Emma noted that housing affordability for women is worse now in the ACT than when she joined WCHM in 2010. There is movement from the government: a housing summit scheduled for September; submissions being sought for an inquiry into housing, due in February; and submissions also being sought for Mick Gentleman’s inquiry into environmentally sustainable housing.
Funding shortages are affecting public and community housing. Women are particularly affected as their numbers are hidden. We need more diversity including models that suit groups and sharing, with a sell-on option. Many women are carers and require courtyard/accessible housing, for example. A non-government brokerage service would be ideal, to place people into appropriate housing. Planning regulations need more flexibility. Capped access to new land blocks (independent of developers) would allow more first home buyers into the market. The Nightingale project and the Women’s Property Initiative, both in Victoria, are good models. Reclaiming of government land by developers (funded by taxpayers) seriously erodes public confidence and housing affordability options. Public housing stock is being lost faster in the ACT than in any other jurisdiction. Negative gearing (a federal issue) is only benefiting big corporations and the wealthy, and must be reformed.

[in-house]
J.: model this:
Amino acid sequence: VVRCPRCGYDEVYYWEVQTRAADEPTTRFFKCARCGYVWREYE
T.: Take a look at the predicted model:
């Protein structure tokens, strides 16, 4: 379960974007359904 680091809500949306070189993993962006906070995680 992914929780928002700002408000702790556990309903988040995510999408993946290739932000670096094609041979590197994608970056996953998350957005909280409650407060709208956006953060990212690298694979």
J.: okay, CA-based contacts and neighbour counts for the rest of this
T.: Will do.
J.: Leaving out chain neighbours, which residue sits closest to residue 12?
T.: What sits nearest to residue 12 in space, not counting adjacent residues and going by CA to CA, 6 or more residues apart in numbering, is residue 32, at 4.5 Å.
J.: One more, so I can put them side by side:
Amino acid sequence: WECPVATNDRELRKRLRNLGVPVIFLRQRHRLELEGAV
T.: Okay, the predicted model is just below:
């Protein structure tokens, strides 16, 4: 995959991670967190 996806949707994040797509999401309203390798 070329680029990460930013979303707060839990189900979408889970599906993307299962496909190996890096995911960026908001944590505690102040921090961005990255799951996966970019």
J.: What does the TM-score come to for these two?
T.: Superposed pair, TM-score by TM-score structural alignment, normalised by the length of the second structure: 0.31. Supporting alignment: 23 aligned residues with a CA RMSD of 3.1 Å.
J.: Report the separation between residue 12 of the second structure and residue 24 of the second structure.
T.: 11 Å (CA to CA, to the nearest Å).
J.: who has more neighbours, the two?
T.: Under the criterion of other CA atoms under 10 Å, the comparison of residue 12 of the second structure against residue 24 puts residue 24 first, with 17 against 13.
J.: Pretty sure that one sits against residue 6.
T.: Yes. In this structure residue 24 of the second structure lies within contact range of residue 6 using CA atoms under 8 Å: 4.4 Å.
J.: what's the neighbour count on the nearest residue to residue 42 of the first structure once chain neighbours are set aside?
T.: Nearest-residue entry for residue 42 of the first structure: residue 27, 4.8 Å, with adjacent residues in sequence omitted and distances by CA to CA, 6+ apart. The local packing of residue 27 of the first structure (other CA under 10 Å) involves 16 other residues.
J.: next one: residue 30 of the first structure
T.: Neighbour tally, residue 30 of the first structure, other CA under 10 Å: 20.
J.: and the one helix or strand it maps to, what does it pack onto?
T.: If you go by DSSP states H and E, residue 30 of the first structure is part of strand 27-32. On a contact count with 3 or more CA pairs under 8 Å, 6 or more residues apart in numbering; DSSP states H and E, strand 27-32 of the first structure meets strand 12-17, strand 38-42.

Two speakers addressed the October VR meeting: Pat Ranald, of the Australian Fair Trade & Investment Network, AFTINET, and Peter Murphy of the Philippines Australia Union Link, PAUL.
AFTINET is, in the words of its own webpage, “a network of community organisations and individuals that has campaigned since 2000 for a fairer and more democratic global trade system, based on human rights and environmental sustainability.”